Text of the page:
May 2001
Sparkle : Giving You Something You Can Feel

Nasser Metcalfe

Sparkle : Giving You Something You Can Feel

Harlem, sweet Harlem. The place where dreams are born and stardom is chased with vigor. For three sisters in 1958, this journey would lead to more than they ever imagined. Released in 1976, “Sparkle” is regarded by many as a modern black classic. It stars Irene Cara as the shy Sparkle, youngest of the talented Williams sisters, Lonette Mckee as Sister, the sassy oldest, and Dwan Smith as Delores, the headstrong middle child. The film opens with the three sisters singing their hearts out in a church choir. They display obvious talent yet seem content with the simpler things in life. That is until fellow choir member, Stix Warren, decides that along with friend Levi Brown, they have what it takes to be the next sensational singing group in the record business. Stix, portrayed by Phillip Michael Thomas, is principled and driven. Dorian Harewood stars as Levi who is ambitious yet seduced by the trappings of the underworld. The quintet begins to establish a bit of a name for themselves on the amateur club circuit. Ultimately, in an effort to push to the next level, Levi leaves the group yet remains friendly and supportive as Stix shifts to management duties. This leaves the three sisters as a powerful trio whose star quickly starts to rise. Along the way, however, there is always a price to pay for fame and fortune. Their destiny is altered by Harlem crime lord Satin Struthers whom Levi works for. However, it is Sister, the oldest who becomes involved in an abusive relationship with him. On the way to the top these promising young people will be challenged by drug abuse, violence, and adversity from both sides of the law. It will all lead to the triumphant performance as Ray Charles’ opening act at Carnegie Hall. But was it worth the price? You decide.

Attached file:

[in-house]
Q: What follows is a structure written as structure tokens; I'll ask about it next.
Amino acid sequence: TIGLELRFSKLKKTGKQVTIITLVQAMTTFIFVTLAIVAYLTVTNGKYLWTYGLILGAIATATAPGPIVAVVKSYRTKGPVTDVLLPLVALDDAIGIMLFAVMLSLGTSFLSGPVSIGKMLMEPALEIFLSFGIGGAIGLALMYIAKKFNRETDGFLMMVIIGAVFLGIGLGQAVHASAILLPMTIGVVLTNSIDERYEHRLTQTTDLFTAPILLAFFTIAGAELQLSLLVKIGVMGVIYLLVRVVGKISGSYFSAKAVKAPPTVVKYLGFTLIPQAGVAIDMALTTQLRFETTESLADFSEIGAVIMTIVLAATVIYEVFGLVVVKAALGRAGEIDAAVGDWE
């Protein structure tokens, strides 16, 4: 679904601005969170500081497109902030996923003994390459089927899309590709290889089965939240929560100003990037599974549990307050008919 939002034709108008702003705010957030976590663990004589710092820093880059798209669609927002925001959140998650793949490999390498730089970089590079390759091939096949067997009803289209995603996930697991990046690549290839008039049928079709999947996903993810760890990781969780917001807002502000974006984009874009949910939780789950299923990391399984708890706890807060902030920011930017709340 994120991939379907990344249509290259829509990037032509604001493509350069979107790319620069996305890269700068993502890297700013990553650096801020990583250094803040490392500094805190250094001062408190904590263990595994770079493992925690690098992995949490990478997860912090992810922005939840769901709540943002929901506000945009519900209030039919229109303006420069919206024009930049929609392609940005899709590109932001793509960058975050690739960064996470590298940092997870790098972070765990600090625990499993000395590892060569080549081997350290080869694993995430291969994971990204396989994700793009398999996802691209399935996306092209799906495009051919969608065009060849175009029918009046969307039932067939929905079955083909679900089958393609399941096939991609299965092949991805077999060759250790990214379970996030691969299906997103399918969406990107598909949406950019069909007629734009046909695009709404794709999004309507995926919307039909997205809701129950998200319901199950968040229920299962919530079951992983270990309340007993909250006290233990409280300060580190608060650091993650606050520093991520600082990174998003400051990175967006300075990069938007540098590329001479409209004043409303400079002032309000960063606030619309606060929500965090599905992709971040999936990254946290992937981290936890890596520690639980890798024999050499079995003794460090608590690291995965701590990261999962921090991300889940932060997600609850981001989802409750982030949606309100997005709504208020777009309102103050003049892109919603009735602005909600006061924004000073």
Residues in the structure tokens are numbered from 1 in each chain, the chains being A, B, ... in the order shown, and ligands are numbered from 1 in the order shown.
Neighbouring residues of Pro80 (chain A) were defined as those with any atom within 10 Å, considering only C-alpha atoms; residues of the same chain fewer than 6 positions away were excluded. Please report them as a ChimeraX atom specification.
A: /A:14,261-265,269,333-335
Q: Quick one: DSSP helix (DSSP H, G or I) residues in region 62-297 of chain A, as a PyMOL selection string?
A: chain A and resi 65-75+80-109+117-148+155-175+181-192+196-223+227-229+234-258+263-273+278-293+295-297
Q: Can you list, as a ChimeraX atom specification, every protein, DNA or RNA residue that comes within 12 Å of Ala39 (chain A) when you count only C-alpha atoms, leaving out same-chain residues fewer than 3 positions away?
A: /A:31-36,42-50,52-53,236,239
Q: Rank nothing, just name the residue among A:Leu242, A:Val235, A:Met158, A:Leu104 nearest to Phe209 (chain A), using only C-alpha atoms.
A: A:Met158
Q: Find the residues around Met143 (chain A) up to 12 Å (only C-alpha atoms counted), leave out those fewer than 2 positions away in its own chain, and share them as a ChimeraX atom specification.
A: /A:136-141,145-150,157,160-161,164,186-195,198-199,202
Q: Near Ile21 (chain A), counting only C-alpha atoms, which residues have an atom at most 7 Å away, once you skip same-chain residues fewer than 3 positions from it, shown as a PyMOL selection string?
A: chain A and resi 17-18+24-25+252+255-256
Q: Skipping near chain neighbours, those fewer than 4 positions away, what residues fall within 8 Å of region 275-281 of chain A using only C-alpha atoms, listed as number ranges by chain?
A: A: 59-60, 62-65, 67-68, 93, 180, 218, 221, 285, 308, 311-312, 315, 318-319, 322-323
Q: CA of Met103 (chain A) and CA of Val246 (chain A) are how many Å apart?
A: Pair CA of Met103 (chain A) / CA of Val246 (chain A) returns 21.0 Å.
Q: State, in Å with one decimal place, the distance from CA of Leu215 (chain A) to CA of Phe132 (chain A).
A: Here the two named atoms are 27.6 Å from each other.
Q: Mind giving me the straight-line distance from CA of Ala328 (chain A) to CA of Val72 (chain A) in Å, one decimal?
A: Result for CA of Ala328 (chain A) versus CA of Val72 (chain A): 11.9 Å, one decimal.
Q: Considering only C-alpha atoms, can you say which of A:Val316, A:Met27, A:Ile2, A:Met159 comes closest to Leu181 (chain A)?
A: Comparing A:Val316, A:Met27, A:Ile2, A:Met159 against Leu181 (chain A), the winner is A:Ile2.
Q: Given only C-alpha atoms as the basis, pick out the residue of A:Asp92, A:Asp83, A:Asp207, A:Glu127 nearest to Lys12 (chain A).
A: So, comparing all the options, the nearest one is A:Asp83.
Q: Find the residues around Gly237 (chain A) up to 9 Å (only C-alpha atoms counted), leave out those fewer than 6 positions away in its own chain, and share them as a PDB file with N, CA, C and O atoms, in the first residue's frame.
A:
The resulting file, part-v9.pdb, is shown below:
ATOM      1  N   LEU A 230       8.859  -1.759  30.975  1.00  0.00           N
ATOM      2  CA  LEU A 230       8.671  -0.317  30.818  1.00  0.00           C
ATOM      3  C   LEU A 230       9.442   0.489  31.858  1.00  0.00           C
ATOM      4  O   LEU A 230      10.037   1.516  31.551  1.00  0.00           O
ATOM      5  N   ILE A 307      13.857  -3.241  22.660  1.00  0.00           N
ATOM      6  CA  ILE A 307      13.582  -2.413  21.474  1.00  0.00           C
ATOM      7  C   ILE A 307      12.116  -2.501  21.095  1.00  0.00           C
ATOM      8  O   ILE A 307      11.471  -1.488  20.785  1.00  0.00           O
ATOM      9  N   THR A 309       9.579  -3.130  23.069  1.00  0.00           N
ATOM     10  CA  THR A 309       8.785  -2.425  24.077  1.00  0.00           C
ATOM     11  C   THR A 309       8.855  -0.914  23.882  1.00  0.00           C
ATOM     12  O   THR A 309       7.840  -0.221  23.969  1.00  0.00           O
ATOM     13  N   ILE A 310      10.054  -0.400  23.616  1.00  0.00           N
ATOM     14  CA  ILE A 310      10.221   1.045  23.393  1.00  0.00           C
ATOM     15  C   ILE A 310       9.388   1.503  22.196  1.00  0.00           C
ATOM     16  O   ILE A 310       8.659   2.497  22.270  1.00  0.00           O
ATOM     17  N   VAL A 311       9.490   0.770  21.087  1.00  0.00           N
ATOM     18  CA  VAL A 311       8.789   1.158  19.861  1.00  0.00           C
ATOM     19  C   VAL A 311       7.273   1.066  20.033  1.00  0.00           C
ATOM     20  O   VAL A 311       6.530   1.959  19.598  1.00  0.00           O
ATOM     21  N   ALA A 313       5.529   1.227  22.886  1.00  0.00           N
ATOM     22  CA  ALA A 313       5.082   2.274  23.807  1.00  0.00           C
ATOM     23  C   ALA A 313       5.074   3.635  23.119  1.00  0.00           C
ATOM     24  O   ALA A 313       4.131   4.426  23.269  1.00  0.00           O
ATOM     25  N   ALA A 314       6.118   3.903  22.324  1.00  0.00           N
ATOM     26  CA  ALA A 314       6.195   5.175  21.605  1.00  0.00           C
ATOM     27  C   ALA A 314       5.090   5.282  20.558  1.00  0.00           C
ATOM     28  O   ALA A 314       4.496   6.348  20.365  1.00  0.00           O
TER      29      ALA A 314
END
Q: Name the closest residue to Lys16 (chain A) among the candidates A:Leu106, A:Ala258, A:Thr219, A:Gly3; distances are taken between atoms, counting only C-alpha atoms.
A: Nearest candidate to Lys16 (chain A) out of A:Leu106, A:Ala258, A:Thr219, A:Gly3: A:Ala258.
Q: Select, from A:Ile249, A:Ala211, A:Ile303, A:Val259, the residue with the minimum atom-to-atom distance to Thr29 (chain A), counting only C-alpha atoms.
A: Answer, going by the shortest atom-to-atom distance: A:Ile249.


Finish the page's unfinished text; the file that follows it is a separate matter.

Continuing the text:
For anyone who has ever sacrificed to chase a distant dream, “Sparkle” will speak to your heart. Brilliantly acted, this film has endured the test of time to remain a favorite of many. When I suggested to some of the other Blackfilm.com staff that I was considering covering it for this edition of The Video Vault, the response was overwhelmingly positive. I don’t think I’ve ever heard so many “Hell Yeah’s” at one time before in my life. Seriously though, this film touches one on many levels. You want them to succeed on the one hand. At the same time you can also feel remorse that so much had to be lost in the process. There are tender moments such as those that explore the budding romance between Stix and Sparkle. There are tension filled moments like Satin’s abuse of Sister and the pain that it causes for the rest of the family, especially their mother portrayed by the legendary Mary Alice. Then of course there is the thrill of achieving one’s dream.

Perhaps one of the most soul stirring elements of the film is the music. Composed by the late great Curtis Mayfield, the soundtrack yielded such hits as “Look into Your Heart” and “Loving You Baby”. If those titles sound more familiar than the movie, perhaps it’s because the Queen of Soul, Aretha Franklin popularized these songs on the soundtrack album that was released. This was a unique arrangement since lead actresses Cara, McKee, and Smith sang the versions that appear in the film. Arguably the biggest hit single to emerge from the Score was “Giving Him Something He Can Feel,” which enjoyed renewed popularity when R&B Divas En Vogue covered it in 1990, adding further credence to the brilliance of Mayfield. “Sparkle” was written and directed by Joel Schumacher, who at the time was deemed Hollywood’s golden boy screenwriter for black themed films. This one is highly recommended. It is guaranteed to give you something you can feel.